In contrast, Akingbola's petition indicated that rather than a concerted approach to rescue our financial system, what we had was a buccaneer who ran through our financial system with a bulldozer targeted at catching pre-meditated enemies. The major difference was that the Americans—and the rest of the world—intervened through collaboration with all the stakeholders rather than criminalizing the CEOs, with the huge collateral systemic financial cataclysm that unleashed in the Nigerian economy. Is that suggesting that if the CEOs were really thieves, they should have been left off the hook? Far from it. After all, in America, Benard Madoff whose Ponzi scheme, blew over $50 billion of investors' money is in jail.

The last we know, from the CBN side, was that Akingbola was being charged with laundering, misappropriating or fleecing the bank of about N340 billion—about $2.4 billion! Well, bear in mind that the total share capital of Intercontinental Bank is N230 billion. Akingbola is currently facing different charges in UK and in courts in Nigeria. When he is eventually arraigned by the EFCC, we don't know if the charges would come up to the N340 billion total, or if that staggering figure was just mentioned to score propaganda point.

However, before the charges come, Akingbola has brought entirely new dimension to the case with his petition. He claimed that two and half years ago, Saraki approached him for a merger of his troubled Societe Generale Bank with Intercontinental but that the board of IB Plc shot down the proposal when due diligence revealed that SGB had N30 billion negative capital. That Saraki incited his protégé, Sanusi against him by falsely telling the new CBN boss that Akingbola and Mrs. Cecilia Ibru of Oceanic Bank Plc raised N6 billion to block his confirmation for the CBN job by the Senate. That when he met Sanusi to deny this, he reportedly told Akingbola not to bother since it is 'not all king makers in council (that) will support the choice of new Emir'. Note Sanusi's choice of metaphor!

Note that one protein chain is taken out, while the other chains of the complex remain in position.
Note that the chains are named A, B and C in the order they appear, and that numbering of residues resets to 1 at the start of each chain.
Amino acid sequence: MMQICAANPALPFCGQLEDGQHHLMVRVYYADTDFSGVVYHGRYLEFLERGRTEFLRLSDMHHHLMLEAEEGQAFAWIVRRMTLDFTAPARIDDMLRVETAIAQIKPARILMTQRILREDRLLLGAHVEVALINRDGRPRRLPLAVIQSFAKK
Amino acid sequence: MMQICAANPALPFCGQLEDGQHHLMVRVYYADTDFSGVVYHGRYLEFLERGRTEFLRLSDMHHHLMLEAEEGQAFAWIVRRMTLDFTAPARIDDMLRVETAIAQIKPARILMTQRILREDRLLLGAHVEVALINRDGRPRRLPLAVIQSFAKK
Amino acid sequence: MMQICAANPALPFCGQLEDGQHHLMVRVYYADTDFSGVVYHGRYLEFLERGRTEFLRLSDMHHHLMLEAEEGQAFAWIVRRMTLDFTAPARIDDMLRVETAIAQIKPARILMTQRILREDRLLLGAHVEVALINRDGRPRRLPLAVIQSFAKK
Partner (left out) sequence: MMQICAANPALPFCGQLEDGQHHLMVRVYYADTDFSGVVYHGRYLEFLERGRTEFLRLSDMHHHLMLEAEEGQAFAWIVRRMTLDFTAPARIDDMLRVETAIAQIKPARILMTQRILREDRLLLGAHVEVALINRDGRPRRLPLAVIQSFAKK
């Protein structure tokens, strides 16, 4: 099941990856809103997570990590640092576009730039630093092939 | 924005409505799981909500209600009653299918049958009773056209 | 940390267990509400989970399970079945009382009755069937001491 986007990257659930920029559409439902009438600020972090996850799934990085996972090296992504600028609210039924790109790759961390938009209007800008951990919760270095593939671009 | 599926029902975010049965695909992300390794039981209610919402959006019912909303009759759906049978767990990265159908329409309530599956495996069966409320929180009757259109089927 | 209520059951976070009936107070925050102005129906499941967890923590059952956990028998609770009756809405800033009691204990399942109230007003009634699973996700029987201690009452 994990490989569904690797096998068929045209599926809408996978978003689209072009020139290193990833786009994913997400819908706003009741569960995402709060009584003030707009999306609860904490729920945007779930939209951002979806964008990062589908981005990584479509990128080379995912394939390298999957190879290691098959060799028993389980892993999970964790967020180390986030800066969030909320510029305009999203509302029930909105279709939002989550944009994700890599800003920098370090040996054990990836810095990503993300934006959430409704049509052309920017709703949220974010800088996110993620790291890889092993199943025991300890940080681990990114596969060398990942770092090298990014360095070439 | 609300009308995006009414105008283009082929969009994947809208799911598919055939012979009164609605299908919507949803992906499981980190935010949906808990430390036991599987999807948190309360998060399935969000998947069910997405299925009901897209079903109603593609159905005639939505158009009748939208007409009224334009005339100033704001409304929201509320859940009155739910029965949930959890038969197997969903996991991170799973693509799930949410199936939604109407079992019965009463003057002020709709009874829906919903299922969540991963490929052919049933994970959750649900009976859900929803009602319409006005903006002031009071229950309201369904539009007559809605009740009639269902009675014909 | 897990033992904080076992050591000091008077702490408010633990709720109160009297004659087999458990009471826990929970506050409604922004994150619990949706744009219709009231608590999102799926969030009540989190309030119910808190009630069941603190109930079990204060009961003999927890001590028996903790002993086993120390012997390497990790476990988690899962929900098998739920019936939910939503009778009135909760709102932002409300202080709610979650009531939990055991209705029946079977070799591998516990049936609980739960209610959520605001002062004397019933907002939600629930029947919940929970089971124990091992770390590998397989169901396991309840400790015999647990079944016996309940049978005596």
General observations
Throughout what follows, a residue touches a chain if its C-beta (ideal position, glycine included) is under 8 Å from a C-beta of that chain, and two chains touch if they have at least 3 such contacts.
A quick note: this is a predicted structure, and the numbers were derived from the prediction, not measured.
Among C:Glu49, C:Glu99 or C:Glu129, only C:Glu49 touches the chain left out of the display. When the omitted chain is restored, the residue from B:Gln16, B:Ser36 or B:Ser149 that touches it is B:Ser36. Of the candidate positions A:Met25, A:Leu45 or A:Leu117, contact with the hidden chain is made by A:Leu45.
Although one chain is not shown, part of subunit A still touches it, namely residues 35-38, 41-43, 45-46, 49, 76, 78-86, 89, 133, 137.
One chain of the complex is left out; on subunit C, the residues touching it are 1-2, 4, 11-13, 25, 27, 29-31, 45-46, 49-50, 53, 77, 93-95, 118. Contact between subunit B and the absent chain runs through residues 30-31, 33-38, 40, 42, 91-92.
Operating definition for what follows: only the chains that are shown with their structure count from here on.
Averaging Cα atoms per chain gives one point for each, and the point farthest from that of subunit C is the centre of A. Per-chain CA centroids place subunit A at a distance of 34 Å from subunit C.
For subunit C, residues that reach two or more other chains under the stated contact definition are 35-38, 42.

'Apparently, it was Dr. Bukola Saraki inciting Sanusi against me, as a way of removing me and taking over IB Plc.' Akingbola claimed. The global financial crisis, he claimed, created opportunity for the duo to strike.

He blamed his bank's—and the banks'—financial crisis to drop of oil price from $147 per barrel to $30. Many of the banks had financed oil importation at the high price and the importers faced with a huge loss refused to sell, and by implication, leaving their loans unserviced. The exit of foreign institutional investors who hurriedly sold their stockholdings crashed the Nigerian stock market, registering a huge adverse effect on the banks. Furthermore, CBN's devaluation of the naira by 40 percent in response to the fall of oil prices put more strains on the bank as those with dollar denominated loans were left stranded, unable to pay. The devaluation triggered panic with overseas banks that had dollar placements with Nigerian banks and they hurriedly withdrew their deposits. 'IB Plc lost about $1.2 billion this way,' Akingbola said.

Going by Paulson's description of the dire state of the highly leveraged Western financial institutions, the situation of the Nigerian financial institutions would appear to be child's play in comparison. Perhaps, a more sober intervention by the CBN coupled with a very surgical punitive measures might have yielded a more salutary result like that of the Western financial institutions? The jury is out on that.

But Akingbola claimed that his bank's woes were turned into fortune by a predatory duo of Sanusi and Saraki. Before Sanusi's appointment, IB Plc had undergone CBN examination which turned up satisfactory result. However, within two weeks of Sanusi's appointment, special CBN examiners were sent to IB Plc. Their report was rejected by Sanusi who sent them back for damning reports, he claimed. The bank in a short space of time, he claimed, was subjected to four different examinations, because Sanusi, he was tipped off by some of the CBN examiners, was looking for a result that would justify Akingbola's removal as the CEO of IB Plc.

Two lorry loads of police were eventually deployed to remove him, he alleged. 'It was like a bad movie, a big surprise that a person can be driven away from a business he had started and nurtured over for 21 years in one hour. And without any opportunity to contest it,' he lamented. He said that when he received a tip off that another two lorry loads of police were on the way to arrest him at home, he had to hurriedly escape.